AMPHITHE'ATER, n. [Gr. about and to see or look.]

1. An edifice in an oval or circular form, having its area encompassed with rows of seats, rising higher as they recede from the area, on which people used to sit to view the combats of gladiators and of wild beasts, and other sports. The ancient theater was a semicircle, but exceeding it by a fourth part of its diameter; the amphitheater was a double theater, and its longest diameter was to its shortest as 1 1/2 to 1. It was at first of wood, but in the reign of Augustus one was erected of stone. The area or cavea being covered with sand was called arena.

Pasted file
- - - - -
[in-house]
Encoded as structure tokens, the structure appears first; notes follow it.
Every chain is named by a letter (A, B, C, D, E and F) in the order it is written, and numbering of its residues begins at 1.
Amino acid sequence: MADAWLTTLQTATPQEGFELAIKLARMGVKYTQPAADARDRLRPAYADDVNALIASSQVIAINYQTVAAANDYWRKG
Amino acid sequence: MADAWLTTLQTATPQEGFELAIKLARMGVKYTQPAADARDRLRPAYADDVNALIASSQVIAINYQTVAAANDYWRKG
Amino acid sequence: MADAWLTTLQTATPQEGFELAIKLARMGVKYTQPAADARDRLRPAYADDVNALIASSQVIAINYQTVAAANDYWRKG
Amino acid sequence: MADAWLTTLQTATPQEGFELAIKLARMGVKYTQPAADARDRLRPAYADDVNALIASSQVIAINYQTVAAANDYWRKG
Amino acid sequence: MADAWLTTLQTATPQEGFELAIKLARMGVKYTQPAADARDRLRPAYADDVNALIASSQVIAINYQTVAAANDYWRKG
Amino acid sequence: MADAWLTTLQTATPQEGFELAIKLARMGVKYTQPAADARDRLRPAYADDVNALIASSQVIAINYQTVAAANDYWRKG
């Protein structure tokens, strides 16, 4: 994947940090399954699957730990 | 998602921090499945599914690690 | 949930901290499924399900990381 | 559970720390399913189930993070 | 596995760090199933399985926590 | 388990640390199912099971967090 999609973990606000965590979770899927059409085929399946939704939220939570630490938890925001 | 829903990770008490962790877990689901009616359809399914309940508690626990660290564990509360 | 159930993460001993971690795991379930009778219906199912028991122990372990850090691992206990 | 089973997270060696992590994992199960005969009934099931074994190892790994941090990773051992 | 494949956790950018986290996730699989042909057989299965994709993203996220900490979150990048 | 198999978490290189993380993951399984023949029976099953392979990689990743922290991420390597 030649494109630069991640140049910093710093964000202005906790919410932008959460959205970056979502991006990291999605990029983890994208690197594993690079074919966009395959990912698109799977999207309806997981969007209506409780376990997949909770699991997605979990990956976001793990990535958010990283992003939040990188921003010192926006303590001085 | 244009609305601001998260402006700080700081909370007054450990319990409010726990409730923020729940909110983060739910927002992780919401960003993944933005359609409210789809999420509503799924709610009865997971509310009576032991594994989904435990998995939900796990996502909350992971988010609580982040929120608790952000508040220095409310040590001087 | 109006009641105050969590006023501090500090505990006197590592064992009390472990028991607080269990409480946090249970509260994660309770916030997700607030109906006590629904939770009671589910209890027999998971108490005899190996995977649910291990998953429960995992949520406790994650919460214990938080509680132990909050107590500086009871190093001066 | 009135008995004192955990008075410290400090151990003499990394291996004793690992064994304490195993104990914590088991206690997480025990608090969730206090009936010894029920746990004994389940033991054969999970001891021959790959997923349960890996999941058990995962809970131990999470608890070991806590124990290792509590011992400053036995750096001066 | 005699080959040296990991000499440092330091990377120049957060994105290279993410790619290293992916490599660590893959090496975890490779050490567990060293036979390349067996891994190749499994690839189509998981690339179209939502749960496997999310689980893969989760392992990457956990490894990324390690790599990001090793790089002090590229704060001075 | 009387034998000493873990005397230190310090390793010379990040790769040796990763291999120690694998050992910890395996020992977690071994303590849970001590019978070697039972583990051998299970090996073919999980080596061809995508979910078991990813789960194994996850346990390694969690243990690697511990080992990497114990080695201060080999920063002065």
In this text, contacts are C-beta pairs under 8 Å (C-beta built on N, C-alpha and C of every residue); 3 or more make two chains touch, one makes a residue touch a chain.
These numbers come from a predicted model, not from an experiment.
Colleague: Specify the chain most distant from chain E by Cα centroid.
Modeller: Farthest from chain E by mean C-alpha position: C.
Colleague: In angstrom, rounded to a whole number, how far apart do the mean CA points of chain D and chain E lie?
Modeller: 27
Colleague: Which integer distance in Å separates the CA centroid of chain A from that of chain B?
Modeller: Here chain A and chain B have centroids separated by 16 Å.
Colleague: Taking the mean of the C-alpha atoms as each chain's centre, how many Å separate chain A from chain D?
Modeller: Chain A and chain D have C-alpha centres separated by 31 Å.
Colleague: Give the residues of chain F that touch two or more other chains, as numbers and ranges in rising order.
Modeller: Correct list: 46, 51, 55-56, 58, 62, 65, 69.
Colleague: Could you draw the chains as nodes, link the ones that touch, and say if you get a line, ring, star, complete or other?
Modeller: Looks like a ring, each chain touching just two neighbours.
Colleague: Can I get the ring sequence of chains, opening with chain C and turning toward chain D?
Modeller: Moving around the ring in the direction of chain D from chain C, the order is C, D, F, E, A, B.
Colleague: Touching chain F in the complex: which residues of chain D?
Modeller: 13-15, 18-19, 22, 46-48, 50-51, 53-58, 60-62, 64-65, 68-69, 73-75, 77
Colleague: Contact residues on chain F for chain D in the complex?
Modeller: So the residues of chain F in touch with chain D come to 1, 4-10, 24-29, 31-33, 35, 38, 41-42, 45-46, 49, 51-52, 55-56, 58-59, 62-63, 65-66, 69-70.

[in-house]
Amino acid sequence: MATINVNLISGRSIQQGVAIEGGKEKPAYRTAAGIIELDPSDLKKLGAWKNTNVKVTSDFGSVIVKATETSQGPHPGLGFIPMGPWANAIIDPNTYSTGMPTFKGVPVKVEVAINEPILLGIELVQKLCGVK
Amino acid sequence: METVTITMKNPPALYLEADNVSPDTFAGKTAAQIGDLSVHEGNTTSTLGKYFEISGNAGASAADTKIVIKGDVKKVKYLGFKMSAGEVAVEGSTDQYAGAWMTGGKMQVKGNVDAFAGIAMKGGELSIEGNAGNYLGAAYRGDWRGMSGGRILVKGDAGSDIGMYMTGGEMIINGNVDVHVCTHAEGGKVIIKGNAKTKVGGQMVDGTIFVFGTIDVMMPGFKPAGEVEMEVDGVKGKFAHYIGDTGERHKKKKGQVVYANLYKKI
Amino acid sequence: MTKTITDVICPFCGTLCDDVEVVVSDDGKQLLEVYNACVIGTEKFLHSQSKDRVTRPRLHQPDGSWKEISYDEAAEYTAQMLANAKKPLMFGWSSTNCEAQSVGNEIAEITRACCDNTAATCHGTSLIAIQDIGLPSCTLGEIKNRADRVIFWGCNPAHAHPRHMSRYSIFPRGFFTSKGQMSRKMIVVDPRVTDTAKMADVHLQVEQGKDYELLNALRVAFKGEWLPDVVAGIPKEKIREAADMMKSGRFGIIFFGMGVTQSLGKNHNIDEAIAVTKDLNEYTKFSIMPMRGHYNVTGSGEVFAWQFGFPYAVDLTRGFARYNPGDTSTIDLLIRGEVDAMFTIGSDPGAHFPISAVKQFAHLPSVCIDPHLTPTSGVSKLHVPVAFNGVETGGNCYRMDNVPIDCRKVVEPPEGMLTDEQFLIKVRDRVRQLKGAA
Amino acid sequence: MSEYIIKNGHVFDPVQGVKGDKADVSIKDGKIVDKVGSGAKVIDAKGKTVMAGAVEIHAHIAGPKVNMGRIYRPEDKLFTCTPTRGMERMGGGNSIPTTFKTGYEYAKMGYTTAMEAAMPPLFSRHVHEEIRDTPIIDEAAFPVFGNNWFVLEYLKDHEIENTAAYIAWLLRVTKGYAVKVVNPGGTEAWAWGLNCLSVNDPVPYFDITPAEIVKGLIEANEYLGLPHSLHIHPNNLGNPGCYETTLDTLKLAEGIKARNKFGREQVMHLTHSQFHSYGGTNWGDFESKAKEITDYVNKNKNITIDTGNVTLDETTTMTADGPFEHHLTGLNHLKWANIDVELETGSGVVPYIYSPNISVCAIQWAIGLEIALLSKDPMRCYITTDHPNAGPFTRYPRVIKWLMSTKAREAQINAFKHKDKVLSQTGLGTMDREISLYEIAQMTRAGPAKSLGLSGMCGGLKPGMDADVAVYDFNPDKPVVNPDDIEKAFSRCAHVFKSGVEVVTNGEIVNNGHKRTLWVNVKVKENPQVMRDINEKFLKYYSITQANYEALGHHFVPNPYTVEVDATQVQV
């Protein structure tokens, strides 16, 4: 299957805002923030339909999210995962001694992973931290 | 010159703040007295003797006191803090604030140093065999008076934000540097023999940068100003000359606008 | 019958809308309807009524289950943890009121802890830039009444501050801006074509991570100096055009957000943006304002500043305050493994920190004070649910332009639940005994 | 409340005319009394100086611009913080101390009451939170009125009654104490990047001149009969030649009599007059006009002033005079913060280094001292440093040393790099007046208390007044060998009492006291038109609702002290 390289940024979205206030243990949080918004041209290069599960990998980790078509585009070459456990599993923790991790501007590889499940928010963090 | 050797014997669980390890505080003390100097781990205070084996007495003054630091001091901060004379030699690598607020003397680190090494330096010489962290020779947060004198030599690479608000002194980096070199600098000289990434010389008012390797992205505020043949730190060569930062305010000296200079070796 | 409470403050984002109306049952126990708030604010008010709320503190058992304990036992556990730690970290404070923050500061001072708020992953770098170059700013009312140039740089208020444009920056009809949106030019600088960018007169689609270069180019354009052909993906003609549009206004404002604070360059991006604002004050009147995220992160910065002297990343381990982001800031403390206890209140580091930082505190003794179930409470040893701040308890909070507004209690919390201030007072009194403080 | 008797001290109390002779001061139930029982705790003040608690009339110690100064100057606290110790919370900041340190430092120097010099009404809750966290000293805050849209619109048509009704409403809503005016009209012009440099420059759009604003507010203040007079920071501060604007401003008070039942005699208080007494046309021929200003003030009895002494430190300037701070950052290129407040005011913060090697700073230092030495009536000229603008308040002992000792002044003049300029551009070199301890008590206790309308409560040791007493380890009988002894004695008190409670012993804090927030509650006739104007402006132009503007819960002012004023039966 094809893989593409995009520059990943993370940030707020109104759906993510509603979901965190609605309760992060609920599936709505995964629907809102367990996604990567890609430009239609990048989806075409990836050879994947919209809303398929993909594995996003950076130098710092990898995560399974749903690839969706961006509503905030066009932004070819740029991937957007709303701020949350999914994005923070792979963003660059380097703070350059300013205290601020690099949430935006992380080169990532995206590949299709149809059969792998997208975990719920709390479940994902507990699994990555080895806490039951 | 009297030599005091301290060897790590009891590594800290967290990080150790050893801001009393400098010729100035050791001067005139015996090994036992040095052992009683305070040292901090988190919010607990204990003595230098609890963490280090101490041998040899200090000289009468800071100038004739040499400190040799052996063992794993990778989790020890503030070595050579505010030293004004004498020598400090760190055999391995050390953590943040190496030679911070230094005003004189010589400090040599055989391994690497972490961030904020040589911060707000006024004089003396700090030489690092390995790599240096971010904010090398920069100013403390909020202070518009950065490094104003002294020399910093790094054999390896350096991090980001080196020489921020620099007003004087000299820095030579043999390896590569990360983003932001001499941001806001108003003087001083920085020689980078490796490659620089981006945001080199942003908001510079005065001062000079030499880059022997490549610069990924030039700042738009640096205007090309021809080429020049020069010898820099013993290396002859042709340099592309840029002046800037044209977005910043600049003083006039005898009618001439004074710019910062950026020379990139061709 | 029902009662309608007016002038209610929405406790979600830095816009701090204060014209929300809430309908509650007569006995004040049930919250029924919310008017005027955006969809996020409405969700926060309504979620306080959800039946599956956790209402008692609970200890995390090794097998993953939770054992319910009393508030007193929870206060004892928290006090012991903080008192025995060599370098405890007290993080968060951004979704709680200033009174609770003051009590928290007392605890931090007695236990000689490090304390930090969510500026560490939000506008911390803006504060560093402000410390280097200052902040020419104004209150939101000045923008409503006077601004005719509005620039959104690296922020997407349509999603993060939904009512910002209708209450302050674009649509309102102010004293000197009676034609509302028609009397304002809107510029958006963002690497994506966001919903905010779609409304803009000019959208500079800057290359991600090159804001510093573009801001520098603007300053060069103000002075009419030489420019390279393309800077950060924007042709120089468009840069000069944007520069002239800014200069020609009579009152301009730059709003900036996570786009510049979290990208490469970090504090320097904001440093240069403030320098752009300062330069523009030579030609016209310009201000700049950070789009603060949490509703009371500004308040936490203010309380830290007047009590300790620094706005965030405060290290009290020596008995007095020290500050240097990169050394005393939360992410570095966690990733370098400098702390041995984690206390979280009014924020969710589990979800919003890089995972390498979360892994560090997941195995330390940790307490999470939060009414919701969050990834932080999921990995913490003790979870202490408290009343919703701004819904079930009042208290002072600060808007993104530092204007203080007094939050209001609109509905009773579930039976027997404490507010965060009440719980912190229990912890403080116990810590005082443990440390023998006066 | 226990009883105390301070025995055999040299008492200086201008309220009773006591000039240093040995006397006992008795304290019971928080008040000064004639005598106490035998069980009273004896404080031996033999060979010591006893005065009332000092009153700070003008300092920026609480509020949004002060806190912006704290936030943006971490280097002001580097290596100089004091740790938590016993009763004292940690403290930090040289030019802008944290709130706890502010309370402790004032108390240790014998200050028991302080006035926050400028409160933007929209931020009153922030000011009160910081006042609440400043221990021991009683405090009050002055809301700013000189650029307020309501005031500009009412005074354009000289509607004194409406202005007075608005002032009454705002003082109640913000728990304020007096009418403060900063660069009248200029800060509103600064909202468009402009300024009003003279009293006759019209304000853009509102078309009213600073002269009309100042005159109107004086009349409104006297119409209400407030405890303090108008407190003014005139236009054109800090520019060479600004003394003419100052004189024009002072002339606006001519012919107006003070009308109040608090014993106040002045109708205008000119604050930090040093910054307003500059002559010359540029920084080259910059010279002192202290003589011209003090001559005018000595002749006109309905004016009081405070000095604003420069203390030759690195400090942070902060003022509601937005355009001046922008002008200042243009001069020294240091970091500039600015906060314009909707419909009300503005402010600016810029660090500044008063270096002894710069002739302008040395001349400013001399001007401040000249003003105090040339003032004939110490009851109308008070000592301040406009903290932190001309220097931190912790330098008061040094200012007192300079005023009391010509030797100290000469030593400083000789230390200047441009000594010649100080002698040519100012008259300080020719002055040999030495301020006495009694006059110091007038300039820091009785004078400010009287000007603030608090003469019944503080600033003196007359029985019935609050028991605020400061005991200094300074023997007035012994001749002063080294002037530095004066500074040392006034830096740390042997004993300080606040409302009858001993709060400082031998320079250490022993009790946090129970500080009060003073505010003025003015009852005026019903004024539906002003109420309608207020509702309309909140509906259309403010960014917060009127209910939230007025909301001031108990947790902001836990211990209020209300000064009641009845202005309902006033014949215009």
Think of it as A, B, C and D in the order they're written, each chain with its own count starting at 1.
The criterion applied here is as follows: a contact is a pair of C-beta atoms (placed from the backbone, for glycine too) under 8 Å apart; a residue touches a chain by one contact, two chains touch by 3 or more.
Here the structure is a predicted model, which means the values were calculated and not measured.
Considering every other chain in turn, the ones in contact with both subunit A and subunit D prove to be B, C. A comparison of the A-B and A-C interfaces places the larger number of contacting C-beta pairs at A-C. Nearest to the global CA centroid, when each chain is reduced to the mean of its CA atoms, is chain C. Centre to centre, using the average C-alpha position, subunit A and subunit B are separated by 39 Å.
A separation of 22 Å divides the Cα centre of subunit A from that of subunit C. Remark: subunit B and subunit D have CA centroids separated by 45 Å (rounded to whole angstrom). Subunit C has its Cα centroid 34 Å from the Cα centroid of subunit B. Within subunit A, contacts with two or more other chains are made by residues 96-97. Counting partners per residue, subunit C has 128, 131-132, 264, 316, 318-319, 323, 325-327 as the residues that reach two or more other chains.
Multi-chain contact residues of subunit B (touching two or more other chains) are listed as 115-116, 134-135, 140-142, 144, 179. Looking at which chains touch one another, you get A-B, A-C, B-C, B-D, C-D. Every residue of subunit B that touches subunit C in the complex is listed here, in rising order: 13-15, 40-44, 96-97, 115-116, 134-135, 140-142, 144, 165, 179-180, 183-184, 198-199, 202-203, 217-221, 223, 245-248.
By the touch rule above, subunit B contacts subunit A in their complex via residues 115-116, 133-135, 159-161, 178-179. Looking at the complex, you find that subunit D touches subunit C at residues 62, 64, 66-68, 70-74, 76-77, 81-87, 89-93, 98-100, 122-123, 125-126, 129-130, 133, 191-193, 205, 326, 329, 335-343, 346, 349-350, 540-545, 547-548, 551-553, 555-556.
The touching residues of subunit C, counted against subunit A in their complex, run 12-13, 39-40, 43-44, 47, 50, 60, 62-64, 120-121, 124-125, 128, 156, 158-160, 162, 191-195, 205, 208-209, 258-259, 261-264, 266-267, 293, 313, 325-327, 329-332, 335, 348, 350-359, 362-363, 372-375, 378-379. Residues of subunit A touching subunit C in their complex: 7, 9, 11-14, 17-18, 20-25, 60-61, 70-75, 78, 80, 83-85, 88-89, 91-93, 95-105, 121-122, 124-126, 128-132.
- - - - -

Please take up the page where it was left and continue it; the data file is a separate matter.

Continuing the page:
2. In gardening, a disposition of shrubs and trees in the form of an amphitheater, on a slope, or forming a slope, by placing the lowest in front. An amphitheater may also be formed of turf only.